7. 7. China como mercado - Consumidores     Adolescentes y personas de alrededor de 20 años, que se criaron en un período de abundancia relativa. Propensos a considerar productos caros como intrínsecamente mejores que los menos costosos. Dispuestos a probar cosas nuevas, tales como aparatos digitales personales. Comprueban en Internet experiencias o comentarios de uso de otras personas.
    8. 8. China como mercado - Consumidores   Buscan satisfacción emocional a través de un mejor gusto o estatus más alto, son leales a las marcas en las que confían, y prefieren nichos sobre marcas masivas. Influyen en las compras de su hogar.
    9. 9. China como mercado - Lujo
    10. 10. China como mercado  Empresas utilizan estrategias hechas a la medida de cada sector de consumidores. Campañas de mercadeo innovadoras, por ejemplo en WeChat. 
    11. 11. China como mercado – E-tail   China se ha convertido en el segundo mercado de e-tail del mundo, con estimaciones de hasta 210 billones de dólares de ingresos en 2012 y una tasa compuesta de crecimiento anual del 120% desde 2003, EEUU crece a 17%. Según previsiones de McKinsey, el mercado chino podría llegar a $ 420bn-$ 650bn en 2020.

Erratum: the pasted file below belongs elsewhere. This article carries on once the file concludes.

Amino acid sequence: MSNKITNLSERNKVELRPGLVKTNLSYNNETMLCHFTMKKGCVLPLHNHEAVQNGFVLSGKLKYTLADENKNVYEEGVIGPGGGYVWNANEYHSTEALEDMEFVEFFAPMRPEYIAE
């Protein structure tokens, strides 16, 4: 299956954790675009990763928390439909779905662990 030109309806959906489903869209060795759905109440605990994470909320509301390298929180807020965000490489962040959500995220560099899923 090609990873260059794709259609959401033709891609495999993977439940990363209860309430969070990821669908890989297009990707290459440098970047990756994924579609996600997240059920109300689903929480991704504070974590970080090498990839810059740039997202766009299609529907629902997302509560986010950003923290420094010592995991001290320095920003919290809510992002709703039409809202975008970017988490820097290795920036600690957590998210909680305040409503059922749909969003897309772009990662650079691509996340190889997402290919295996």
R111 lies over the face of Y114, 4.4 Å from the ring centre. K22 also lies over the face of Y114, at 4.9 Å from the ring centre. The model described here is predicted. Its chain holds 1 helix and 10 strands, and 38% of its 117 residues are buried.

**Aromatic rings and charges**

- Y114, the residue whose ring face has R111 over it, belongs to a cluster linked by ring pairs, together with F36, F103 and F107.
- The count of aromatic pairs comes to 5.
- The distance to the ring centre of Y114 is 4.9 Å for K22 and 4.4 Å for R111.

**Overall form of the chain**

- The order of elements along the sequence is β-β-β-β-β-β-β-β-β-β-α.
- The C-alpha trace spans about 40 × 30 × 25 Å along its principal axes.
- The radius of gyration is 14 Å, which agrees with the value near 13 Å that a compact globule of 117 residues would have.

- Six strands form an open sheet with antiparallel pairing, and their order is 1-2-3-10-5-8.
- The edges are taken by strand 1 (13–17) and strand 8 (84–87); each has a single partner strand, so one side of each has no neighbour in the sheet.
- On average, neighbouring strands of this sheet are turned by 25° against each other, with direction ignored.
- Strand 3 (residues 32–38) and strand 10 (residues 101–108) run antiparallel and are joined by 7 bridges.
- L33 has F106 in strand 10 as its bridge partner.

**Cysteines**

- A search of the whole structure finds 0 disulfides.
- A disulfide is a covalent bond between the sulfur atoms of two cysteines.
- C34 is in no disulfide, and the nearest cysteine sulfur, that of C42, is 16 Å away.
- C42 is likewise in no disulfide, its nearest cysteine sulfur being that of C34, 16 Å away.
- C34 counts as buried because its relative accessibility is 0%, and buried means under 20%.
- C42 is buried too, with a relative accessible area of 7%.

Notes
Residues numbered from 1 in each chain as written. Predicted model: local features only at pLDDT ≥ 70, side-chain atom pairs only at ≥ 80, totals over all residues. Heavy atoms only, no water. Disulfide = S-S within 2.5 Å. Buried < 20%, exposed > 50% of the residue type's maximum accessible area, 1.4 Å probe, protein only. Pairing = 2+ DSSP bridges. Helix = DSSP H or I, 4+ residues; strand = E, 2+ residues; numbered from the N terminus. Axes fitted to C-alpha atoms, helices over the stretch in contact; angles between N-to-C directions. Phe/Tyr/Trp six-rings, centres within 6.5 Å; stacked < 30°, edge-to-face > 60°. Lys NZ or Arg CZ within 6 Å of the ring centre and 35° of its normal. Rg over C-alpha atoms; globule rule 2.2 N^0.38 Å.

12. 12. China como mercado – E-tail     Genera mayor consumo Su impacto es mayor en ciudades medianas y menos desarrolladas Ha reducido los precios al consumidor: dependiendo de la categoría, son, en promedio, del 6 al 16% más bajos en línea que en las tiendas. Prendas de vestir, productos para el hogar y la recreación y la educación son las categorías más buscadas.
    13. 13. E-tail - carne
    14. 14. E-tail café
    15. 15. E-tail – 11/11 Día de los Solteros  Para las 13:04, las ventas de Alibaba, alcanzaron 19.1 billones de yuanes ($3,1 billones), equivalente a todo lo vendido en el 11/11 del 2012 y casi el doble de vendido en el Cyber Monday, ​ después de Acción de Gracias, en EE.UU. A las 21:00, las ventas alcanzaron 30 billones de yuanes (casi $5 billones).
    16. 16. E-tail – Día de los Solteros 11/11: Creció en un 267% del 2011 al 2012. China es un “game changer”.
    17. 17. China como mercado – Retos      Tramitología Cultura Logística Socio o enlace local Tamaño / oferta
    18. 18. China como mercado – Retos locales       Balancear el crecimiento Transformar el sector industrial Medio Ambiente Recurso humano Liberalización Inocuidad de los alimentos
    19. 19. China como destino Un estudio de HSBC determinó que China y Tailandia son los mejores destinos para expatriados.
    20. 20. Gracias Embajada de Costa Rica / T:+ (86) 10 6532-4157 F:+ (86) 10 6532-4546 Jianguomenwai Waijiaogongyu 1-5-41